Pietta CN/2015 grip (bottom)

    Note the size of the shoulder stock attachment "divot" and the location of the screw.

    Pietta-1851-Navy-Tail-Non-tail.jpg

    Just for historical reference, Leech & Rigdon did not put serial numbers on the right sides of the frame, barrel lug, and the cylinder. Griswold & Gunnison did that, but they, too, never made a .44 revolver while producing over 3600 .36 revolvers on a brass frame.

    G&G was also located much closer to Macon than L&R ever was.

    I think the defarber was creating a faux G&G. Did the seller say it was a L&R or did you just assume it was?

    Hope you did not break the bank on this one. Cabela's everyday price is $200 NIB.

    Regards,

    Jim
     
    Last edited: Aug 14, 2019
  22. gasmandave

    gasmandave Member

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    Kinda broke the bank. Embarrassed to say how much I paid. Seller said a reproduction leech & Rigdon.
     
  23. expat_alaska

    expat_alaska Member

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    Dave,

    You are definitely not the first person to have been taken/duped by defarbed/antiqued replicas, nor will you be the last. L&R guns had iron frames, and the repros have steel frames, but definitely not brass. I am reminded of a guy who bought, at auction from a small Southern Michigan auction house (I will not name it) a supposed real L.E. Tucker and Sons (Lancaster TX) .36 revolver that copied a Colt 1851 Navy during the ACW. It was clearly a replica produced either by ASM or Uberti in the early 1970's that had been defarbed/antiqued, and the name was stamped on top of the barrel lug in modern fonts as opposed to the real deal that was stamped with individual, somewhat cursive stamps.

    The individual got into a bidding war with others and paid $2200 (plus 10% auction house fees) for it. I am sure he was very pleased until he got home, researched it, and found he bought a $300 repro.

    This is why I thoroughly, severely, disdain defarbed guns, unless clearly marked as a repro.

    I am only going to reiterate what other folks have said repeatedly here and on other forums: reading and comprehension! Obtain books that will give at least an insight to whatever gun you want to own. There are many, especially concerning Confederate original revolvers.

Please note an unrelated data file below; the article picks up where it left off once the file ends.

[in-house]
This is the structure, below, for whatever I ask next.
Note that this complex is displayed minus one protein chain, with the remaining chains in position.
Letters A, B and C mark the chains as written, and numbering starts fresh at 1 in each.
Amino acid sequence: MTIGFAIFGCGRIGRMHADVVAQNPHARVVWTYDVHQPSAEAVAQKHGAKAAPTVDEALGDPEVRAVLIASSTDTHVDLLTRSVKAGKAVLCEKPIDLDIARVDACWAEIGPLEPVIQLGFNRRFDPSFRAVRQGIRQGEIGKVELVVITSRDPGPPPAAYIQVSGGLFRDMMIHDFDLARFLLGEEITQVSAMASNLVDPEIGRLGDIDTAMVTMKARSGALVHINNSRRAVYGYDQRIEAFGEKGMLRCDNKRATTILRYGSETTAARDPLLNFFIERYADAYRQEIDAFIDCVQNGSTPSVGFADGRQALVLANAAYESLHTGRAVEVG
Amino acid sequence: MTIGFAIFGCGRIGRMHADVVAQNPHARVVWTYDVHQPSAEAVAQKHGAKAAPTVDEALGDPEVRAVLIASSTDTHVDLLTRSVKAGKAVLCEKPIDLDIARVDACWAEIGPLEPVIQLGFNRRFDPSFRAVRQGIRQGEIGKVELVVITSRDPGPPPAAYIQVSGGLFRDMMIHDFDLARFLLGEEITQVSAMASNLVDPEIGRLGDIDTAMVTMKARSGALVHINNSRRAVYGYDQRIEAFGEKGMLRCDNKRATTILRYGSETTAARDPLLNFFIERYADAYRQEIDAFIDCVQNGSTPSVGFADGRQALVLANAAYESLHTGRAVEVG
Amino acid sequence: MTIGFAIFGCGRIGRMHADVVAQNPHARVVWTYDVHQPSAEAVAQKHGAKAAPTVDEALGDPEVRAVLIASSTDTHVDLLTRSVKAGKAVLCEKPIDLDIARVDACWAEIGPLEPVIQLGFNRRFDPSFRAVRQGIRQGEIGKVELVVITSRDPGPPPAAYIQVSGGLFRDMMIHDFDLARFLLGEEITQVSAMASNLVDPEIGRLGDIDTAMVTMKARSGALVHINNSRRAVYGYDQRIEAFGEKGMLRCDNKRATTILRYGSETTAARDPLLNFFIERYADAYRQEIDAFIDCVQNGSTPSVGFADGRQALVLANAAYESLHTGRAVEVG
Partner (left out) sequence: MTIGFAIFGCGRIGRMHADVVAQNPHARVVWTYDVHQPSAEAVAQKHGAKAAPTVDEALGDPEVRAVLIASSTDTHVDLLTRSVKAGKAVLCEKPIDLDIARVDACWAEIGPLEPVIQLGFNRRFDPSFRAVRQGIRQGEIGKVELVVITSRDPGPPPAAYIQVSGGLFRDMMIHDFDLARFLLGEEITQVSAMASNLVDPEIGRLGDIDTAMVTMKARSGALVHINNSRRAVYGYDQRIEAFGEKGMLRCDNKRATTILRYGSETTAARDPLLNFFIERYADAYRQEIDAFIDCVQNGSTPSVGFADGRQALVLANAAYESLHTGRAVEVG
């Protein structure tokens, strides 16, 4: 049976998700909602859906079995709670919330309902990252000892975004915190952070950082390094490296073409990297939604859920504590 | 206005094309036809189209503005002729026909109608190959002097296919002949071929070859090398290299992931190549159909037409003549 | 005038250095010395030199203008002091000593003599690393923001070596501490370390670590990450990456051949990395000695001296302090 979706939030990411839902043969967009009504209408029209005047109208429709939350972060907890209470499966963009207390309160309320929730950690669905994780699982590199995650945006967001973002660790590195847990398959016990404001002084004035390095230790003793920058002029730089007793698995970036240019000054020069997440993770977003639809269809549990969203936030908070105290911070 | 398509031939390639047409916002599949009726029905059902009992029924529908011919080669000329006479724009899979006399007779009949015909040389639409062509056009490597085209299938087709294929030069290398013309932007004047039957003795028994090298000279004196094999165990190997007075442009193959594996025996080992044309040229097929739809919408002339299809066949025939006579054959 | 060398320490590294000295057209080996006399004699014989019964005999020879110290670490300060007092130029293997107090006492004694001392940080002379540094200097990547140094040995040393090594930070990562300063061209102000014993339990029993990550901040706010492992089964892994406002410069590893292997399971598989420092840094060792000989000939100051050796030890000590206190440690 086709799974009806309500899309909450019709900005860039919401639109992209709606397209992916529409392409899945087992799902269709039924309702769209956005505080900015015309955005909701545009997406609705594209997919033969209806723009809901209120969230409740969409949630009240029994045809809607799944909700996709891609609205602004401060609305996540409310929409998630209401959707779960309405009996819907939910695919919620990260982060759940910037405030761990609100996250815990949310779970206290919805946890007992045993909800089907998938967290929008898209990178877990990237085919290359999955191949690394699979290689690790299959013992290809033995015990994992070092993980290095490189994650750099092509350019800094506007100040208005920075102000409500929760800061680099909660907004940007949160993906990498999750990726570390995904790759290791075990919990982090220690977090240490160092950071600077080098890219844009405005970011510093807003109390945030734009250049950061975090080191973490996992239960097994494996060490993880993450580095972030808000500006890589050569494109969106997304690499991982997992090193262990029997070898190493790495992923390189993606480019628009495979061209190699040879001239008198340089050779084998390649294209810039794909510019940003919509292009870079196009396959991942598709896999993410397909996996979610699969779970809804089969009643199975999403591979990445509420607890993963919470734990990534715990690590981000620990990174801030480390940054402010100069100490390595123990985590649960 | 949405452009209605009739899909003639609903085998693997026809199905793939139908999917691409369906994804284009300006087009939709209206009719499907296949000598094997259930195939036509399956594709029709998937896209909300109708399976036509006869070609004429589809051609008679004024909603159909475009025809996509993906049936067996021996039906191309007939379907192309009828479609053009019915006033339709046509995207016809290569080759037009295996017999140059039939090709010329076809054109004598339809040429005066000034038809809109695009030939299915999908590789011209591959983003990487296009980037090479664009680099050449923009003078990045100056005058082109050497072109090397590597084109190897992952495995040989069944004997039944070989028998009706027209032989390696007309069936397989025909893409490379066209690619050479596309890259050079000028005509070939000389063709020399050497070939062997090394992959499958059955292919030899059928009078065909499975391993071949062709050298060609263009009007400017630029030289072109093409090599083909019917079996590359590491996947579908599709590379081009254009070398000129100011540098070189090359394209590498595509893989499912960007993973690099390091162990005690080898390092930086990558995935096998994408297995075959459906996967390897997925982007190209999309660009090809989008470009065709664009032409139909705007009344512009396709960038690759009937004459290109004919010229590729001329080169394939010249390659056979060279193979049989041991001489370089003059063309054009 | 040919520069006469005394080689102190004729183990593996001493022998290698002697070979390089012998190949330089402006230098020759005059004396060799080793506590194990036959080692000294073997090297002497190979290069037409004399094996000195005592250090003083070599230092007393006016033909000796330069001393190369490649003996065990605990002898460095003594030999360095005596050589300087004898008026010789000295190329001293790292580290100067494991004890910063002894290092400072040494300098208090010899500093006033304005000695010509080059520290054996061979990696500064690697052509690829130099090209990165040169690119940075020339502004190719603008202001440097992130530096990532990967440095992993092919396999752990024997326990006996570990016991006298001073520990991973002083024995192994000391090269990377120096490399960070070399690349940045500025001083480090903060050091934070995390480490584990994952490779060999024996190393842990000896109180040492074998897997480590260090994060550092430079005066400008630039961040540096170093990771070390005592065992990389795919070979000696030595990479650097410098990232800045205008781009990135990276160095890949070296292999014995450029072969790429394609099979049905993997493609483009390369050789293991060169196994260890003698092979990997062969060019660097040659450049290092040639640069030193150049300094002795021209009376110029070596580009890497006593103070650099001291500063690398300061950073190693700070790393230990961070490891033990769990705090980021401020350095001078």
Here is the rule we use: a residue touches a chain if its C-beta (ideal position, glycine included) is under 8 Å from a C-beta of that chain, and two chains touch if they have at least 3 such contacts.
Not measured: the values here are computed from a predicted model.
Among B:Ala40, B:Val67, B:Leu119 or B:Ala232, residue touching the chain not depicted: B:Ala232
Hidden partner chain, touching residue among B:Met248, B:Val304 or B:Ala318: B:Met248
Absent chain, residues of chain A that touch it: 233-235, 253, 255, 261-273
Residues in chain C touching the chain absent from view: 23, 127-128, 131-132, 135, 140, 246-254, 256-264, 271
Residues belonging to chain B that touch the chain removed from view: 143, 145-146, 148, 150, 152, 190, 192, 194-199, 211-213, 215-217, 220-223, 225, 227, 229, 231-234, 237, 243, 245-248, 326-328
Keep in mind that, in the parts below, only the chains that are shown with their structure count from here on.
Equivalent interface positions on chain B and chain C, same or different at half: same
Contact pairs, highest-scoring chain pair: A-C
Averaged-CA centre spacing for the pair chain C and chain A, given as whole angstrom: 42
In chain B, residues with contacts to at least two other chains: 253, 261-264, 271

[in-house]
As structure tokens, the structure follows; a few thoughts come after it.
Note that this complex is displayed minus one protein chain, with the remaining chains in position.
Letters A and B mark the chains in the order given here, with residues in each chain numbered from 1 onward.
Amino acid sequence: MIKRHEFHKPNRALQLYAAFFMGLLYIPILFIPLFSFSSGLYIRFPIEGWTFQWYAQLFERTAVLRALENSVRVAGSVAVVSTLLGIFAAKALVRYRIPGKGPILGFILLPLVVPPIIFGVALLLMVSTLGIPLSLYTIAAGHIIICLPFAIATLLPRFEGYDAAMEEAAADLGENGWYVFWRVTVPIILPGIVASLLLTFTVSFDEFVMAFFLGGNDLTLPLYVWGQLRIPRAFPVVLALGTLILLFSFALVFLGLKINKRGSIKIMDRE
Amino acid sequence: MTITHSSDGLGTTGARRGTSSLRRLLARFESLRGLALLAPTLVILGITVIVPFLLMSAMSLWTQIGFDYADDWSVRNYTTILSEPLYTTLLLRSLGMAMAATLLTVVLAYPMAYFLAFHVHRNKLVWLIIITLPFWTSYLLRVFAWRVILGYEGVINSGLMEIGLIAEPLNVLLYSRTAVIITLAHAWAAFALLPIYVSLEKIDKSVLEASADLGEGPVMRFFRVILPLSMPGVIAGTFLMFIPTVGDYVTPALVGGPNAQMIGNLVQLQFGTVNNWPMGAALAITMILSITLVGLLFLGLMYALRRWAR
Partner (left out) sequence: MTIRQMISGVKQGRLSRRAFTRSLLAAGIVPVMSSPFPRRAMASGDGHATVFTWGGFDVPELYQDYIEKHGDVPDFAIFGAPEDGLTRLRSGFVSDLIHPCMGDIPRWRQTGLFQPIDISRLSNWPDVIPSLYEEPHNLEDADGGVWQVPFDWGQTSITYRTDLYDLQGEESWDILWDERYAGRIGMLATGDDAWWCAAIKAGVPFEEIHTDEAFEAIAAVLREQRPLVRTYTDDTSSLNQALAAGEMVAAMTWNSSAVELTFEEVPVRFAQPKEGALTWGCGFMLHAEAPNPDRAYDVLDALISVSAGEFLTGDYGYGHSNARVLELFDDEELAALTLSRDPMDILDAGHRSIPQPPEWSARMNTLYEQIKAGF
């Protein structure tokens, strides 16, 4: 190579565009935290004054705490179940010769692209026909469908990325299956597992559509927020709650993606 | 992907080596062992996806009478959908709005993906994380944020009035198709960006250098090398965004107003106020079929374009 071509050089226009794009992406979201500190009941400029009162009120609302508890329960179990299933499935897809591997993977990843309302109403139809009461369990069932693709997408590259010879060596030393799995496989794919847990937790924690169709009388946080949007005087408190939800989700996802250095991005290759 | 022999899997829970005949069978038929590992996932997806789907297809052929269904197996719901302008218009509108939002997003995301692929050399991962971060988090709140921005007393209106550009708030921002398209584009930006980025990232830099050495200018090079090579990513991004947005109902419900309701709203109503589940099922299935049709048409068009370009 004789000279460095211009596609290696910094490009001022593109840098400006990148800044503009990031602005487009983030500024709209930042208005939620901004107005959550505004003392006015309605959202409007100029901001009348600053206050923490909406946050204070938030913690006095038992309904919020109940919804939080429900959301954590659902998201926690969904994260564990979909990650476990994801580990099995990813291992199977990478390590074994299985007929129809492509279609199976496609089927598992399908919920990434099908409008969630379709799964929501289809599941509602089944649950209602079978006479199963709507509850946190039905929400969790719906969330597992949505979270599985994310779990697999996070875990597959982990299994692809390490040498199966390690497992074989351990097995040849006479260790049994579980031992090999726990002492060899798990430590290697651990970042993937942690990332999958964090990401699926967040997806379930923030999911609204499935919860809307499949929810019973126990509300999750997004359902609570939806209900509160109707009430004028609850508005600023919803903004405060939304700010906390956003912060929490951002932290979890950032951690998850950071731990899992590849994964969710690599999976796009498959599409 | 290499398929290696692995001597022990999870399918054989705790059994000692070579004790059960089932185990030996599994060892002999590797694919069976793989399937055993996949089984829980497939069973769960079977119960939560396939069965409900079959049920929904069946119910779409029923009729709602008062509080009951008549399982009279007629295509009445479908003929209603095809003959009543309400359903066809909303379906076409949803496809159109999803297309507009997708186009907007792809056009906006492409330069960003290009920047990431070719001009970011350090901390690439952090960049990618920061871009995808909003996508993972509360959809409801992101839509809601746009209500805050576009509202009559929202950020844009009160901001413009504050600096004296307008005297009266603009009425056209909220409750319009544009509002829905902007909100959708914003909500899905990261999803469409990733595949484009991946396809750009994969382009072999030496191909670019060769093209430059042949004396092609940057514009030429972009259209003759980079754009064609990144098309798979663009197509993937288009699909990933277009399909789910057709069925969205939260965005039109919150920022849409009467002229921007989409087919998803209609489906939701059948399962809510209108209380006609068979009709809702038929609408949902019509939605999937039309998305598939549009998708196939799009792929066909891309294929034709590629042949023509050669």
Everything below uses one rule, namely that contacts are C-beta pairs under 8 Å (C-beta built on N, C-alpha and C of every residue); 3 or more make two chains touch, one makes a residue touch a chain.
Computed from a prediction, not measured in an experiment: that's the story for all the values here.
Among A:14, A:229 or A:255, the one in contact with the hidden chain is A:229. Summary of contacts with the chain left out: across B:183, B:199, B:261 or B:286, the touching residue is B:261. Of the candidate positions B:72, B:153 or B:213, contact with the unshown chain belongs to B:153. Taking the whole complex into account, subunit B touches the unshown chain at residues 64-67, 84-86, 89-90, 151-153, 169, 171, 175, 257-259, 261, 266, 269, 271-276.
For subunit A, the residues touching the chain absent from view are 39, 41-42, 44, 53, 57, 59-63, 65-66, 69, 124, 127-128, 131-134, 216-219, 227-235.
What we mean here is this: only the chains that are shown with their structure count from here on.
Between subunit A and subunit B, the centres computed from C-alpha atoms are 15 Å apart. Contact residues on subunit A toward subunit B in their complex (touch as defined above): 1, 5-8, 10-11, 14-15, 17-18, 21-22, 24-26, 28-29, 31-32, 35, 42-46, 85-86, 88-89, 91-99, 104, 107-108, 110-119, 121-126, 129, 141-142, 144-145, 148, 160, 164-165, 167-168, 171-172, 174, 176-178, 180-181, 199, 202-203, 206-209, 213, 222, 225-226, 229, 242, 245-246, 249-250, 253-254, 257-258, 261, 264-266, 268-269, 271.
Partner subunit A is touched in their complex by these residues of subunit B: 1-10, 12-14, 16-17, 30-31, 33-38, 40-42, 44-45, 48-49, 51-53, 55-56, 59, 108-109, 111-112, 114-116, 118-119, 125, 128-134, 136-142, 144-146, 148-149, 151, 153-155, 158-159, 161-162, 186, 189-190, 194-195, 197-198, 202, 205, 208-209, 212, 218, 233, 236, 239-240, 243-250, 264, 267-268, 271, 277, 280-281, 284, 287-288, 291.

If you PM me I will give you a list of many that I have.

    I collect primarily Pietta 1851 Navy .36 "type" revolvers (8) since I am an old fart on SS and can hardly look at an original moneywise. That said, I like my repros to look like they would have (new) in the ACW. I have no idea why re-enactors want a gun that looks 150 years old when their uniforms don't look 150 years old.

    My Pietta Griswold & Gunnison and Rigdon & Ansley (same as the L&R but with a 12-stop-slot cylinder):

    Pietta-Rigdon-Ansley-Pietta-G-G.jpg

    Regards,

    Jim
     
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  24. gasmandave

    gasmandave Member

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    When I first saw the pistol at my LGS I thought it was a G&G but was told that I would be a Leech & Rigdon. I was also told that it was NOT an original but a reproduction that had been defarb for re-ennacting ACW.

    So as far as that goes it was NEVER misrepresented.

    I liked it so I bought it.

    However I probably paid about $100. More than it's worth.

    Thanks for everyone's help.
     
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  25. expat_alaska

    expat_alaska Member

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    If you only paid $100 you did not come close to breaking the bank! IMO, I would have bought it for that if it functions; if not, it is a Pietta and parts are readily available. A defarb oddity for sure, but a bit of time was spent on it.

    Would you sell it to me to get your money back? It would fit well in my Pietta collection of 1851 Navies.I even have a place for it in one of my wood display cases. I have cash money. PM me if interested.

    Jim
     
    Last edited: Aug 14, 2019